As a child, I used to hear people say, “There are plenty of fathers, but there is only one mother….” I have no idea where this famous saying came from, that is, who came up with the idea of defending, supporting, and reaffirming the sacrifice and effort of mothers and so weakly describing the responsibilities of fathers, although I assume it was a woman, and a mother.
It’s embarrassing for me to refute that assertion and I do not dare to speculate on the possible reasons for its taking hold. In fact, during those innocent childhood days—with my hairless chin and orthopedic shoes—I would ask my mother about the meaning of that refrain, which she repeated so often, even though in my case it could have been justified due to my father’s absence. The embarrassment lies more in the fact that I refuse to accept that my duty as a father should be so indiscriminately minimized, or the duties of many others who have assumed the role of mother, or, in fact, are as much a mother as the best of them. Of course “defending” the role of fathers does nothing to diminish the courage, heroism, and unconditional, sacred love of mothers, and the need for their children to be sheltered under their protective mantle.
My mother, for example, was and still is a heroine; she not only took on the roles of mother and father but also sacrificed everything for her two sons.
May is the month that brings us the gifts of much rain and Mother’s Day. I don’t know why U.S. President Thomas Woodrow Wilson declared the second Sunday in May as Mother’s Day in 1914; I would have preferred to celebrate it on the same day I was born. After all, in my case, it was when my mother became a mother. Mother’s Day should be chosen by us, their children, and could well be every day of our lives. Mothers do not have a day to celebrate their children; for mothers, every day is a day for loving, taking care of, protecting and worrying about their children.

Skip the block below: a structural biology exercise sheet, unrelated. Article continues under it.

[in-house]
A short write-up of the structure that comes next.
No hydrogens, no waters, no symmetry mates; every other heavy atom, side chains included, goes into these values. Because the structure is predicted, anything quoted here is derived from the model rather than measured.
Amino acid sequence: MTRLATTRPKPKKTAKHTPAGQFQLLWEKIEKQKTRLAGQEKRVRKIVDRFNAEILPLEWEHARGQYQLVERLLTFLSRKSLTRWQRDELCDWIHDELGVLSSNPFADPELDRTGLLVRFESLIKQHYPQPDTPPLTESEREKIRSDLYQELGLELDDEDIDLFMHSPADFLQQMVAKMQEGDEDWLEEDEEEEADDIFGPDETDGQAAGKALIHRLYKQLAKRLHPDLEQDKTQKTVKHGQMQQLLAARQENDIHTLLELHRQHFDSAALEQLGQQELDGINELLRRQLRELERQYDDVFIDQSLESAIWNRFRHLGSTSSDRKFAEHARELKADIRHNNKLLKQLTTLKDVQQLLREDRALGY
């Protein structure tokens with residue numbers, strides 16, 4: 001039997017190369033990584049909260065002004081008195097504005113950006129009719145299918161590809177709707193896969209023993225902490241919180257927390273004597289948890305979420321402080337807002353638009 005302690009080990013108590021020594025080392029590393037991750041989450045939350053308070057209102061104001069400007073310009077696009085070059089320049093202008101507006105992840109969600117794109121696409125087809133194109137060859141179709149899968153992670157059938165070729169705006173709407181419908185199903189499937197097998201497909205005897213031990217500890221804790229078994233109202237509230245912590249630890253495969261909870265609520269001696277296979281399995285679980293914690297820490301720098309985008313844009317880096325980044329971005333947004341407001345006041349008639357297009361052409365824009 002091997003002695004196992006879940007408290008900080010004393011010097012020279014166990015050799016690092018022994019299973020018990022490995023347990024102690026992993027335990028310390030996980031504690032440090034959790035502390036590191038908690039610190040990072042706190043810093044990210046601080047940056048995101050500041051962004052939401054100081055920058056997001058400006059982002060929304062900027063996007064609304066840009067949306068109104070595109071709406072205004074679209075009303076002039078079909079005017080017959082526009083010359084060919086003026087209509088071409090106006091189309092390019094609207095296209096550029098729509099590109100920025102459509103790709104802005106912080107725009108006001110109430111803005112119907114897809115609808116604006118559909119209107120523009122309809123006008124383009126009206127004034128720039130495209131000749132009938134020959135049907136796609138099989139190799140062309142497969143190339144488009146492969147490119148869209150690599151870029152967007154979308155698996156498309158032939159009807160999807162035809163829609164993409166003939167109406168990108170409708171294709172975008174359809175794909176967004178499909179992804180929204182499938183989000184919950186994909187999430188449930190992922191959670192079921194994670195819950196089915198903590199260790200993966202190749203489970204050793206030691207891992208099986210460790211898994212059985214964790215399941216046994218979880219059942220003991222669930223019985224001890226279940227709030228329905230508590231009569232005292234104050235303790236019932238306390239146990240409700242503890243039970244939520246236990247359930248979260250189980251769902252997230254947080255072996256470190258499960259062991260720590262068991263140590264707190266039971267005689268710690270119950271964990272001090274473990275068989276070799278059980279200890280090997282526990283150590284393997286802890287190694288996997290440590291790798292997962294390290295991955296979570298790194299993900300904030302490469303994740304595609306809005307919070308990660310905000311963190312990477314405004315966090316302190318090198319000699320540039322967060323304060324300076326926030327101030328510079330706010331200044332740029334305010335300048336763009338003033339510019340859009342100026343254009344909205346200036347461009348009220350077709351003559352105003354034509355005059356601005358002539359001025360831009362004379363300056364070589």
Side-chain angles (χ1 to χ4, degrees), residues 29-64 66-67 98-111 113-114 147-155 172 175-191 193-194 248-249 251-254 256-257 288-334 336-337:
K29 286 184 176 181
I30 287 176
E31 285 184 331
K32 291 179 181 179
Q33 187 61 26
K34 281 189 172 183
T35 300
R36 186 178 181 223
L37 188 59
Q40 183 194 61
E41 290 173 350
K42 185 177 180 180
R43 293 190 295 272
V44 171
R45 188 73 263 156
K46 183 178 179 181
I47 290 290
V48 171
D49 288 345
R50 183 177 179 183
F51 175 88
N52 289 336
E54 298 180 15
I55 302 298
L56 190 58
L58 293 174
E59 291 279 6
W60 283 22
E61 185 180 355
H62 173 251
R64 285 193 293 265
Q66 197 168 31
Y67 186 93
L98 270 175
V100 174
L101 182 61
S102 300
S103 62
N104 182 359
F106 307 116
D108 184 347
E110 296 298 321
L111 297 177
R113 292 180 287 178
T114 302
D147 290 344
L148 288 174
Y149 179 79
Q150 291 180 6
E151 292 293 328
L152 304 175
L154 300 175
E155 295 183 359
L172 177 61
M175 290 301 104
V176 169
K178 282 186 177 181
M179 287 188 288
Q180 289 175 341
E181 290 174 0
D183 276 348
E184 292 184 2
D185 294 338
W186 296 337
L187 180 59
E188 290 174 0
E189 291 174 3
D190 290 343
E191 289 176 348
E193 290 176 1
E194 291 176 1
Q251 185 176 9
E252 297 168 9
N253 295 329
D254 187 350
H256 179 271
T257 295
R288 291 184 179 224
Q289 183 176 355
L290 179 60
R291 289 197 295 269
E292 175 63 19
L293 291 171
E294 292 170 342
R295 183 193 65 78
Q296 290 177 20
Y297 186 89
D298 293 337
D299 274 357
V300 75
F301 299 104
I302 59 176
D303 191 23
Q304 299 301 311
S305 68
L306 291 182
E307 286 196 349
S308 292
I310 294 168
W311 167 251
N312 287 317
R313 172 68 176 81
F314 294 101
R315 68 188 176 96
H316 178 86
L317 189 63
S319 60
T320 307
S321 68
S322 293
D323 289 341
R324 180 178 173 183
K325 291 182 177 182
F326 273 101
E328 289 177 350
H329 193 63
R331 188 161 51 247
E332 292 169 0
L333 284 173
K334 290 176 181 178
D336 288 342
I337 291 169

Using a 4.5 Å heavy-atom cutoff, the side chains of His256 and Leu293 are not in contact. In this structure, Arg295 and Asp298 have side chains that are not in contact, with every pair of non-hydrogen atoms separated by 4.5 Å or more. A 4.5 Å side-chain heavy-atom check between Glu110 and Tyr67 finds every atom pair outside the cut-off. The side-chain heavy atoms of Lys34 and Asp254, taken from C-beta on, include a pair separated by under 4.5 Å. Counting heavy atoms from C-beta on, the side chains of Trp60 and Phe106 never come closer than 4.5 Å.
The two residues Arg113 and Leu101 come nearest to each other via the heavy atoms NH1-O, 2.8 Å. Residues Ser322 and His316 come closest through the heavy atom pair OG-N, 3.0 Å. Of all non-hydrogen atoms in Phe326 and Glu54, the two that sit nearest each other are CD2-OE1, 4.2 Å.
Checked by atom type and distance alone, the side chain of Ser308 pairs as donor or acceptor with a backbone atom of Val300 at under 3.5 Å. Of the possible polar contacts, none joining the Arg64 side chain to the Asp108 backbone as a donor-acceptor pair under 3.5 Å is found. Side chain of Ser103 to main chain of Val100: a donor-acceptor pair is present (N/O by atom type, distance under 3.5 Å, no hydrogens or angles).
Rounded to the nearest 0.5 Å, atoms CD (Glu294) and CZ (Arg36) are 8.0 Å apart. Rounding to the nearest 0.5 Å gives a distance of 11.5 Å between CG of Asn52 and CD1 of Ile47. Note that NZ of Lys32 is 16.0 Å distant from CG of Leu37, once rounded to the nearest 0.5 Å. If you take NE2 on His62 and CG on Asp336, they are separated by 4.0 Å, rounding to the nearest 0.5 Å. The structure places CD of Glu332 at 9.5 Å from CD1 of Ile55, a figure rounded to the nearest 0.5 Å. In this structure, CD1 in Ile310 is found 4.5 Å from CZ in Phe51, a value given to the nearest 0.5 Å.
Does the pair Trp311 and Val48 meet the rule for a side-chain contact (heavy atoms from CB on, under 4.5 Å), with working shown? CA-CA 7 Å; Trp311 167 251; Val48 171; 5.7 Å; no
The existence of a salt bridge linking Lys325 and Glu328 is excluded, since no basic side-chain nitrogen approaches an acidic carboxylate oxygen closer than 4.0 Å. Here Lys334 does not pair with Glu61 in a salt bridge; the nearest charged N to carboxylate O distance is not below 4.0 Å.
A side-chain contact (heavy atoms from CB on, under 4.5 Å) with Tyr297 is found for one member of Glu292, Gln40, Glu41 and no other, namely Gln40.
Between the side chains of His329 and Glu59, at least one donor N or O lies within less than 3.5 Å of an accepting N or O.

Don’t get me wrong; it’s not that I think that celebrating this way is bad. It’s just that if we go back to their origins, these celebrations were first held in ancient Greece, not for honoring your mother and mine, but for paying tribute to Rea, the mother of the gods Zeus, Poseidon and Hades, a custom that was later adopted by the Romans, and then altered by the Catholics to honor the Virgin Mary, the mother of Jesus.
Nevertheless, this second Sunday in May, by decree or not, thanks to the efforts of Anna Marie Jarvis (the advocate and tireless organizer for that proclamation since 1907), I am going to celebrate Mother’s Day. I am going to bow down to and become infected with the nobleness, goodness, tenderness, and embraces of mothers; I am going to lavish honors on the person who paid the high price of having me as a son. I am going to say to her—although I do not completely agree with her famous refrain (which she still repeats)—that for me, she is irreplaceable and indispensable. I am going to tell her that there is only one mother.
Happy Mother’s Day.